Daniel Cheong describes himself as a passionate amateur photographer and a techie. He is admittedly obsessed in making his urban landscapes look better than they actually are using a technique called ‘digital blending’. He has a Master’s Degree in Computer Science and he works as a Technical Manager for Nokia during the day. At night, he grabs his camera and goes shooting urban landscapes to his heart’s content. He has no immediate plans to switch careers and adamantly maintains that photography is just his hobby – for now. Although he does sell prints of his work, the proceeds simply go on to finance better equipment and photo trips. He said: “Try to find your own style, be inspired by others but try not to copy them. Don’t believe too much in EXIF data, just go out there, take hundreds of shots, experiment (with) different settings. Also better focus on a specific type of photography which is in your comfort zone, and try to improve and perfect it. Only after, you can try to explore new genres of photography”
If eyes are truly windows to the soul, then photographer Suren Manvelyan is certainly trying his best to see it. His series “Your Beautiful Eyes” and “Animal Eyes” highlight the basic structures of the eyes. The photos have been featured in National Geographic, Yahoo!, Daily Mail, Wired, and many other popular publications. Suren discovered his lifelong passion when he was sixteen years old, since then, he has done everything from macrophotography to portrait photography to landscapes. When not taking awesome macros of eyes, he teaches projective geometry, mathematics, physics, and astronomy at the prestigious Yerevan Waldorf School. He has also served as a scientific researcher at the Institute for Physical Research of National Academy of Sciences form 1997 to 2011. If you’re still not impressed, Suren also plays five musical instruments: the guitar, the piano, the cello, the block flute, and the lyre.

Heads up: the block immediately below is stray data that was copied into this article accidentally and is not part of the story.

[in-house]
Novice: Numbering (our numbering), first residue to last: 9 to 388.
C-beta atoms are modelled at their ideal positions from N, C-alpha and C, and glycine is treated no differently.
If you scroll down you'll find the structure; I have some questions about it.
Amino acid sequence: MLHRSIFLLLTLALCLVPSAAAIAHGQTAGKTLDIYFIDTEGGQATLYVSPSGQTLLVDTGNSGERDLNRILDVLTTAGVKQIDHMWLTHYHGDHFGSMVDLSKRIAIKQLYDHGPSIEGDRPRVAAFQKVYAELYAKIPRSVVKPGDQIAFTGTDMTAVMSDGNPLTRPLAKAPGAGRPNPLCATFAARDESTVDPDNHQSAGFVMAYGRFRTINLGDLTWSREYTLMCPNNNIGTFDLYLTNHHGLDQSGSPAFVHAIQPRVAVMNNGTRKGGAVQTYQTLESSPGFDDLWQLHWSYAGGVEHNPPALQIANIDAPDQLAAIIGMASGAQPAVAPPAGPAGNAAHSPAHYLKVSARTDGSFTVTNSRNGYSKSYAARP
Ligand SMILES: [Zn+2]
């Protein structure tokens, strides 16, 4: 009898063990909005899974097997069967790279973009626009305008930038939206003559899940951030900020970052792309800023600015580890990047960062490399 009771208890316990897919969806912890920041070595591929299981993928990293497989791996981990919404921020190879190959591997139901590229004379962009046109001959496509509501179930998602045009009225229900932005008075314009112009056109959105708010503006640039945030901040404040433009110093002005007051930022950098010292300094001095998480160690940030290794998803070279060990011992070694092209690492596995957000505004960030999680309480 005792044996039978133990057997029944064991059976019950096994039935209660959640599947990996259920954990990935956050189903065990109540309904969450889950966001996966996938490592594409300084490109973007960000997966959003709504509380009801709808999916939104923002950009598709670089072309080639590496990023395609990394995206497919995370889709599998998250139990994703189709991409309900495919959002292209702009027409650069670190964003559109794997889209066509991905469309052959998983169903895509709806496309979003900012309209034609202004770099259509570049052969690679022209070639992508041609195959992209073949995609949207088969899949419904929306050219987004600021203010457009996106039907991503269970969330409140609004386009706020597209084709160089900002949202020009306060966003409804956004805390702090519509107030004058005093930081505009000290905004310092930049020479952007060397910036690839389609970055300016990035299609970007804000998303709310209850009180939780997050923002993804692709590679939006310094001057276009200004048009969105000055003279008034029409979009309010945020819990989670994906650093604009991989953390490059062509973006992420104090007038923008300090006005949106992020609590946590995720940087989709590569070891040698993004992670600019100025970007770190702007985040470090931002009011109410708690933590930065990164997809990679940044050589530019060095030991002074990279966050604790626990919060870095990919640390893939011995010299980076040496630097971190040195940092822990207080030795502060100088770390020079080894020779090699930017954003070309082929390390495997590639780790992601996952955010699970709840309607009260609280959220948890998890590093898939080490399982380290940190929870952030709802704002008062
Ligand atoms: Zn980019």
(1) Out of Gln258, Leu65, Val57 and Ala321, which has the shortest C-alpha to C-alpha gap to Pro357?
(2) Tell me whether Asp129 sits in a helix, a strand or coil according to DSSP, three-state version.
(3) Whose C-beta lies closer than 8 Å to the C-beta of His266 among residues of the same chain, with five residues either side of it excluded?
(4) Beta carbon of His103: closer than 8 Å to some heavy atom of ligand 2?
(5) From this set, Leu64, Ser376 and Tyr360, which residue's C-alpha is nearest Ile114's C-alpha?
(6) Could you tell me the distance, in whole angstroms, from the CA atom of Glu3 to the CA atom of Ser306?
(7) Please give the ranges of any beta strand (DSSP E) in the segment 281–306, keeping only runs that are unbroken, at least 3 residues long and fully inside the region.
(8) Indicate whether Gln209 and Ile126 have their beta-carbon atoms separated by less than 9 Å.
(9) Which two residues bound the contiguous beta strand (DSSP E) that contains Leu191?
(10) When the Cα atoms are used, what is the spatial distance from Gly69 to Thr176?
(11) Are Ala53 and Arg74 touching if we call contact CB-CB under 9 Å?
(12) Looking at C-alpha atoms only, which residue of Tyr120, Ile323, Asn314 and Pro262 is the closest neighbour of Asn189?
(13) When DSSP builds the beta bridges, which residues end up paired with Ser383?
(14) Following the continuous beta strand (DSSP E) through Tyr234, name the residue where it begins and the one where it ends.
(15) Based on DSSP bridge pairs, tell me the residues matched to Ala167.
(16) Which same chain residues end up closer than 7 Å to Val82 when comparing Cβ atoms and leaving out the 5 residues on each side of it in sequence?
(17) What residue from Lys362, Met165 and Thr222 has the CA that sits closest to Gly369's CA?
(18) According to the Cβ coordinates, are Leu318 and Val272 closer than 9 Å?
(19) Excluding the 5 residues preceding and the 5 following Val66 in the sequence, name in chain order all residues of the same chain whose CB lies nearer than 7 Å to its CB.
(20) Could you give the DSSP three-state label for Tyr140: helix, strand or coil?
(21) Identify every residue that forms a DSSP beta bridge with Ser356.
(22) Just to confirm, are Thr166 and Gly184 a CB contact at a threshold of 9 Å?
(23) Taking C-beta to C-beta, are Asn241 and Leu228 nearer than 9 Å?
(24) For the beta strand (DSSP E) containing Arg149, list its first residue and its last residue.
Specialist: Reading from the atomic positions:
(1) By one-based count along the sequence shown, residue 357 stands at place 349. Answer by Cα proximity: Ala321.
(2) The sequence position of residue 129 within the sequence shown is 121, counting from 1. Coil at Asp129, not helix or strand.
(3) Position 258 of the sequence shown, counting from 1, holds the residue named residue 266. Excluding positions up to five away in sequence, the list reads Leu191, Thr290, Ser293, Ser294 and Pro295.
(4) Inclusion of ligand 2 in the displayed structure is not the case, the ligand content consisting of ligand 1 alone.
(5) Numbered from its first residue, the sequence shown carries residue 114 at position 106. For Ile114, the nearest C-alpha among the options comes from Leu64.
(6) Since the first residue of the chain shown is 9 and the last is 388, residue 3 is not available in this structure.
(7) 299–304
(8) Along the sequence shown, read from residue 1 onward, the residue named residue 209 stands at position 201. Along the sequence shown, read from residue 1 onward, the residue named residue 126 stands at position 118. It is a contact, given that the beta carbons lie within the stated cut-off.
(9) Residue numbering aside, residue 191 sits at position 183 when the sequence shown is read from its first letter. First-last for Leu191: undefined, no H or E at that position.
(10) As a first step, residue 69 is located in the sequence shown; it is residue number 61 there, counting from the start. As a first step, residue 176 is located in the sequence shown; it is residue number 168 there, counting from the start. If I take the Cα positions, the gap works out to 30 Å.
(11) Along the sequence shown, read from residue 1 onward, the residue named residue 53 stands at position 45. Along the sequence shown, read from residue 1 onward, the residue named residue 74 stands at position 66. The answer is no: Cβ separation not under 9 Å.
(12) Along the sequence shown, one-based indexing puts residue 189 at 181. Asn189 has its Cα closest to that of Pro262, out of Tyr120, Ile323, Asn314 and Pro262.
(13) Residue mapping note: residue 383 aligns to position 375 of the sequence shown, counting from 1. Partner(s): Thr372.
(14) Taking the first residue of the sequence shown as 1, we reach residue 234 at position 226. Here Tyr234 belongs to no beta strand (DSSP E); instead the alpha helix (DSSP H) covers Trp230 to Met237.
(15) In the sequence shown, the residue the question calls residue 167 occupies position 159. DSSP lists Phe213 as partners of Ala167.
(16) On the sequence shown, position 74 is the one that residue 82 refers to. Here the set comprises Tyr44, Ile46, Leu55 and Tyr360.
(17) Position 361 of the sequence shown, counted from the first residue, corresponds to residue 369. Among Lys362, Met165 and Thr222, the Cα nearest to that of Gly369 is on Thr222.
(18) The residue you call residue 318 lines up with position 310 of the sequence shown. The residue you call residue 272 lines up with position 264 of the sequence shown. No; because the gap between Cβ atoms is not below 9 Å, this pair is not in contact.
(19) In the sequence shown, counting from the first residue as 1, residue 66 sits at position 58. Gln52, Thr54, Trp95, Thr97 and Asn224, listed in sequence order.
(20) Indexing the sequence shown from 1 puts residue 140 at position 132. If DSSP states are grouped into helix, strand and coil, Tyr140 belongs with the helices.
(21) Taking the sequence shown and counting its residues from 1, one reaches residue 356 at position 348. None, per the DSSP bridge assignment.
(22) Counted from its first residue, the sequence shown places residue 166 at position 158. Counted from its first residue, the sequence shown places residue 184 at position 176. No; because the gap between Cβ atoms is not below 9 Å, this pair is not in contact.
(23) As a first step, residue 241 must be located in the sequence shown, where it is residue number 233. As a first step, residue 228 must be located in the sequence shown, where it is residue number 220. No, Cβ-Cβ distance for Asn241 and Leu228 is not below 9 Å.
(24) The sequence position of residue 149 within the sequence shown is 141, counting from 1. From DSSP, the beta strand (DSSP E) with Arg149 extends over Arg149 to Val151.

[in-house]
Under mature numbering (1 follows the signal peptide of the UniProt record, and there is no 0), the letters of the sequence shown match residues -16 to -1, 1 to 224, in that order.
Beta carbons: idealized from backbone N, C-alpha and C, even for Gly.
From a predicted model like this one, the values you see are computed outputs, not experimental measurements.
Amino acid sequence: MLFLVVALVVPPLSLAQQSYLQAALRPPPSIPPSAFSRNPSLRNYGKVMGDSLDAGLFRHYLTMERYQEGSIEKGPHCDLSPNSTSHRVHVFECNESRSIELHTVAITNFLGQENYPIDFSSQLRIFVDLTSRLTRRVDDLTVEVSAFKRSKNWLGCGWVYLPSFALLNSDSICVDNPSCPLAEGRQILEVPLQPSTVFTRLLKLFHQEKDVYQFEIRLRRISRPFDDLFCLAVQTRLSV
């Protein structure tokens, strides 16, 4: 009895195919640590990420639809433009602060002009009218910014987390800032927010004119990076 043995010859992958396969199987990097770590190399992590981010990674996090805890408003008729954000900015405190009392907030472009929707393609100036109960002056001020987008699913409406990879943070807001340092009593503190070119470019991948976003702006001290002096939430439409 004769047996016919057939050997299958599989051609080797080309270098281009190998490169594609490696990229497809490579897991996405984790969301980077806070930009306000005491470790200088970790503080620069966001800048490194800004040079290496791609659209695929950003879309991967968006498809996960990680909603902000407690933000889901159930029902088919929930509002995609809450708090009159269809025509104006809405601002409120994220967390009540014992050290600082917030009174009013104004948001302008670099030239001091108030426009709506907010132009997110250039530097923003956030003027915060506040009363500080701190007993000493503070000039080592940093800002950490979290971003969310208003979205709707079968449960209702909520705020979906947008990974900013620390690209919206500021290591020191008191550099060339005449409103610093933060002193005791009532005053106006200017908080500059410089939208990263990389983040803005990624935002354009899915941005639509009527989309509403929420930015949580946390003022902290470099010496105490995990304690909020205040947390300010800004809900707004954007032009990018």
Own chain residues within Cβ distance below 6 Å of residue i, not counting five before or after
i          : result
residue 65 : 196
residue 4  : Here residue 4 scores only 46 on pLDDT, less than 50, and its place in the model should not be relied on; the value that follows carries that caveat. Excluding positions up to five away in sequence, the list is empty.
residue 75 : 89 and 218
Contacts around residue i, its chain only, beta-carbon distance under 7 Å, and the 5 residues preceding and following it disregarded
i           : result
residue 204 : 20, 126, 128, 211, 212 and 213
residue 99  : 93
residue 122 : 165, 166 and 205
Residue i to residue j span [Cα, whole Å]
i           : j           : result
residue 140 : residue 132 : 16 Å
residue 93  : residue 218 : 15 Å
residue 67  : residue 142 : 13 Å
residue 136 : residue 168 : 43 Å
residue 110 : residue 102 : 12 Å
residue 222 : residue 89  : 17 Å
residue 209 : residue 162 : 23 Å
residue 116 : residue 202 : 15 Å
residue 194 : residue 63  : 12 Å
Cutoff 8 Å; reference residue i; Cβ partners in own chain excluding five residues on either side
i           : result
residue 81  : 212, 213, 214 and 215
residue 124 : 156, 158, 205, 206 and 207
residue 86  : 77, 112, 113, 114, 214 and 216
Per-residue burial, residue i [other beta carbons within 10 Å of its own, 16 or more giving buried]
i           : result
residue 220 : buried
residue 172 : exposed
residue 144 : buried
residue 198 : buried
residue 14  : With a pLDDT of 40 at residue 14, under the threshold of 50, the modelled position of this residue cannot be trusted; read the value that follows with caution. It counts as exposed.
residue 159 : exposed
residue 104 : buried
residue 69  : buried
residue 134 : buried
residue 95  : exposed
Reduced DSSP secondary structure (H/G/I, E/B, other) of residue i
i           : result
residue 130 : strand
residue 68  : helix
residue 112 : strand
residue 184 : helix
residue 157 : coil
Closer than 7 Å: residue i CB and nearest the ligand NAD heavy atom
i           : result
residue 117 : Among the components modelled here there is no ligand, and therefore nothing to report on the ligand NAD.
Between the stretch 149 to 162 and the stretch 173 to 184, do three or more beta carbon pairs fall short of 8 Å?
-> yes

Handy Andy Pandy is a Melbourne-based, redhead photographer who is currently keeping up with his self-imposed 365-day challenge. For those not familiar with the challenge, the rules are simple. Take a photograph. Once a day, everyday, for 365 days straight! Most who do take on the challenge wash out after several months for lack of time, opportunity, or creativity. Not Handy Andy Pandy though, this guy has creativity out the wazoo. Sometimes, it takes him anywhere between six to seven hours to capture that perfect shot. He said: “I’m smack bang in the middle of a 365 Project and loving it! I’m trying to challenge myself and push myself to grow as a photographer and a photomanipulator”. When not carving a lightning bolt into his forehead, Andy contributes for the online photography site F Stop Lounge. He is also available for freelance work.
Elena Shumilova is a mother first and photographer second, but she simply can’t resist snapping these heartwarming shots of her boys bonding with their pets. Elena got her first camera in 2012 and she hasn’t stopped shooting with them ever since. When capturing her subjects on camera, she prefers natural light for both indoor and outdoor shots. She loves everything that gives visual and emotional depth to the image – rain, snow, smoke, street and candle lights, fog, and smoke. She said: “I largely trust my intuition and inspiration when I compose photos. I get inspired mainly by my desire to express something I feel, though I usually cannot tell exactly what that is.”